Machines machines machines machines machines machines machines is garbage. Literally. The set appears to be largely composed of bits of string and rope, junk from the attic, parts of old tools recombined into bionically repurposed ones, thrift shop furniture, and cardboard sets made futuristic with discarded calculator keypads. In this dismal economy, the show—a production of rainpan 43 and Here Arts Center, where it runs through June 27—reflects parsimonious resourcefulness to the extreme. The pseudonymous heart of the show are Rube Goldbergian inventions that are used (or attempted to be used) to perform mostly banal tasks. Hilarity definitely ensues.
The show ( which you can catch a video clip at here) is created and performed by Quinn Bauriedel (Chief Commander), Geoff Sobelle (Phineas), Trey Lyford (Liam), and directed by Aleksandra Wolska; props for the props to Steven Dufala and Billy Blaise Dufala, credited with machines design and set treatment. It’s hard to tell if the three men are xenophobic suburbanites, or simply trapped in a spaceship. The presence of dogs, cats, and fish say this shouldn’t be the case, but the general feel is outer-space like, mostly thanks to the Lost in Space “special effects” and Liam’s disturbingly convincing static radio transmission jabber and whirring sound effects. After rolling out of his bed, buried in the wall, he accompanies even the smallest movement of an object with a whoosh or vroom done with the precision of an idiot savant.
He’s soon joined by the charismatic Phineas, who wears a kilt to match his plummy brogue, and Chief, the fall guy for many futile tasks. Phineas’ stream of consciousness banter, much of which seems ad libbed, veers from minor observation to brilliant St. Crispin’s speech. Sobelle seems to lack fear, leaping recklessly over the dingy furniture, or getting entangled with regularity. He’s the life of the party who also threatens to become the drunk who chugs a bottle of hot sauce for the hell of it. Bauriedel seems to be channelling Jimmy Stewart’s drawl; his major strength is keeping a straight face when getting a mouthful of shaving cream or facing having to eat the dirty scraps of a fried egg. (When you go, take heed if you sit in the front row.)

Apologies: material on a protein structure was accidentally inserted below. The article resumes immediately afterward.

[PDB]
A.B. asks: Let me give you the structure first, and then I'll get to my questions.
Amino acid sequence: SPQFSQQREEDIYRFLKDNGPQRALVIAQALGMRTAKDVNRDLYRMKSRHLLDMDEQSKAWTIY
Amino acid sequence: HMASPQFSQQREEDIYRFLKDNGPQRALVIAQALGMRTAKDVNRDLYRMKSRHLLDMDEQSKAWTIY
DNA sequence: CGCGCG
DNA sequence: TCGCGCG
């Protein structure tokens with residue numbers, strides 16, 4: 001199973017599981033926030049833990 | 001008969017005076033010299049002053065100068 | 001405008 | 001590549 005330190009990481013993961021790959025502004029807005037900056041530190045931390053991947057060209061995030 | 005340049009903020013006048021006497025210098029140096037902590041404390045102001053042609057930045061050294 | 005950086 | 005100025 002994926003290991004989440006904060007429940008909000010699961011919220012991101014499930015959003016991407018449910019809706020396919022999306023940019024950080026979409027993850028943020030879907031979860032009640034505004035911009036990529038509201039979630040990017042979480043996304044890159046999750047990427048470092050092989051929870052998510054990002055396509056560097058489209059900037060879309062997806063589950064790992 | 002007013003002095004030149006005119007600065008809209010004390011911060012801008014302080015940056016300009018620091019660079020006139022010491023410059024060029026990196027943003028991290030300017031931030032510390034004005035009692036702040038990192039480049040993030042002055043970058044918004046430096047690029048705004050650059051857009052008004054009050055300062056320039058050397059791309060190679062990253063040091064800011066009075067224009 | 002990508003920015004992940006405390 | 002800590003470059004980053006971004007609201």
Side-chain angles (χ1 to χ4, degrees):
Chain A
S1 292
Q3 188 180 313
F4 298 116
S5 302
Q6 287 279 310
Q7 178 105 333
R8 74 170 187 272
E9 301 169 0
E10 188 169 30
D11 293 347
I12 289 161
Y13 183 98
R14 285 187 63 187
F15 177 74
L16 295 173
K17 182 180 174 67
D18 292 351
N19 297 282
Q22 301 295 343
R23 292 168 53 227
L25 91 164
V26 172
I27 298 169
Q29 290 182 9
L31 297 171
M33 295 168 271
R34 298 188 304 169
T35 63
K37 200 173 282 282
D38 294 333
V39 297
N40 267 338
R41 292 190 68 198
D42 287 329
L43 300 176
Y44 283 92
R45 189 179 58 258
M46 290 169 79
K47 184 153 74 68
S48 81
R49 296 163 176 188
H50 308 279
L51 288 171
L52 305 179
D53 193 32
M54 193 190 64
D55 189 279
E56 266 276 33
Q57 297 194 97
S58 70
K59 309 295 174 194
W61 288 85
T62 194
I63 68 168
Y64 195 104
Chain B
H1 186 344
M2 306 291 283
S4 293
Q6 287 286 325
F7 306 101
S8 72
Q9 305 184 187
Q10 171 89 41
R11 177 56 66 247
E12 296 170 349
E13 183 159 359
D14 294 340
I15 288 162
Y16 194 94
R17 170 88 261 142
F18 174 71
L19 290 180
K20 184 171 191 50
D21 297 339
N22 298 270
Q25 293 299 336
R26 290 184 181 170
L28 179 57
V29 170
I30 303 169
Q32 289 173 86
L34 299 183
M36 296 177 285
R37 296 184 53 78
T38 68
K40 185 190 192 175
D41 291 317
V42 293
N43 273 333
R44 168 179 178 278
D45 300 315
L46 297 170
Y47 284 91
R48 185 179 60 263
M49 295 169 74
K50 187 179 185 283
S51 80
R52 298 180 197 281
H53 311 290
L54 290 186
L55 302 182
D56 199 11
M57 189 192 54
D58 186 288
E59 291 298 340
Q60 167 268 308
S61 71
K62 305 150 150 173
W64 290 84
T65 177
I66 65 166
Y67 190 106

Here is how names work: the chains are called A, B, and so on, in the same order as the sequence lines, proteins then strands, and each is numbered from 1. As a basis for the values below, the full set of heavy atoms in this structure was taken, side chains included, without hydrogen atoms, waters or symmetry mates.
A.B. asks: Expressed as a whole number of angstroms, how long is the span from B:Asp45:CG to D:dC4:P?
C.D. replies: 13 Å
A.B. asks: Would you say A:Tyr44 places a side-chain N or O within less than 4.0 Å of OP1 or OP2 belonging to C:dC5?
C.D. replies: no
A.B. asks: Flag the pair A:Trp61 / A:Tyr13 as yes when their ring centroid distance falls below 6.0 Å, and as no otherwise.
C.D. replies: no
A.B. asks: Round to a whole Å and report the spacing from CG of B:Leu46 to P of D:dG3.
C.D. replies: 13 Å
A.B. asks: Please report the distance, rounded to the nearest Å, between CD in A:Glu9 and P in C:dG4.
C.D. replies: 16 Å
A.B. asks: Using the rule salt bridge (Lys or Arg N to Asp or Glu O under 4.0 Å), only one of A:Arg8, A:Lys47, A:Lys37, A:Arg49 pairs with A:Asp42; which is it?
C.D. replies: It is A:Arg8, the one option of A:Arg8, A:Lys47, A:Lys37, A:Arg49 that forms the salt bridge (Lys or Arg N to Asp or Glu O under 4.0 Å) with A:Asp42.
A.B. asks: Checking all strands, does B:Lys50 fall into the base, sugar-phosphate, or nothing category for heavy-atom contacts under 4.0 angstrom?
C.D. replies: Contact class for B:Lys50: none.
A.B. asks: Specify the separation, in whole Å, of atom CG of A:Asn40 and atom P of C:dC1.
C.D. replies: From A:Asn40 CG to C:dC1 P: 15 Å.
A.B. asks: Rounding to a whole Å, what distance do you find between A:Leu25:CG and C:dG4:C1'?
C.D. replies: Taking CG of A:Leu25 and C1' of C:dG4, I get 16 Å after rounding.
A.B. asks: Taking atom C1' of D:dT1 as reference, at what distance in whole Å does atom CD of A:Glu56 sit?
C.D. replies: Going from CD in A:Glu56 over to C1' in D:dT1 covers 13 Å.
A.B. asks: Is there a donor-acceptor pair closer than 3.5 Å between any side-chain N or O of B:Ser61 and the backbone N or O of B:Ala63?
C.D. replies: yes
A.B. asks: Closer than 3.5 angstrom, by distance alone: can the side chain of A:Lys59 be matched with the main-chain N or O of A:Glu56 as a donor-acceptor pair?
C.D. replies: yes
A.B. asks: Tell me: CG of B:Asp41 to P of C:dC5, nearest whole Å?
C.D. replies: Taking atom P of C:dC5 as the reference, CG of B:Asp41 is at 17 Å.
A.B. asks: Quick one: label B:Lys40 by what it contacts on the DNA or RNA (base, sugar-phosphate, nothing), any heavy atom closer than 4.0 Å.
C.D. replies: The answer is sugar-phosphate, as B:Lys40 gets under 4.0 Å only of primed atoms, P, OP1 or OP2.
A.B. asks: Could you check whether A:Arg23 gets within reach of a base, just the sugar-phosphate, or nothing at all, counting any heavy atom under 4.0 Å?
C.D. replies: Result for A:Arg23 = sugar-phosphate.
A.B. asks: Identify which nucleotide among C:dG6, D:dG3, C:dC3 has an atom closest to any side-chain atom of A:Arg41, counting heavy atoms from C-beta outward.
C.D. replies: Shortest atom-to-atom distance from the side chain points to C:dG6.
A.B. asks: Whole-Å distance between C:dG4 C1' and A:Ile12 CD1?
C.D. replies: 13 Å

Said egg is the focus of breakfast, the making of which becomes a major production. Coffee drips down a funnel into a pot whose weight (is supposed to) deflate a balloon enough to release a needle-nosed goose to crack the egg, which slides into a waiting heated pan. Wait – maybe it’s supposed to tip the toaster sideways and begin the toasting process. Many similar elaborate enchainments take place to effect a few bites of battered food. In any case, nothing quite works as planned, but the mere idea of such complexity being borne of a chain of simple tasks delights.
What is missing is a coherent story line. The guys wind up trying to determine who the enemy is — one of them? One of the hundreds of objects in their employ? Something outside? The conclusion is suitably bizarre, if unsatisfying. After so much impressive physical theater, I wished for a better reason for it all, rather than what ultimately felt like a magic show that succeeded less than half the time. Still, belly laughs are hard to come by, and those are manufactured in spades.
Photo of Trey Lyford, Geoff Sobelle in Machines machines machines machines machines machines machines by Jacques-Jean Tiziou.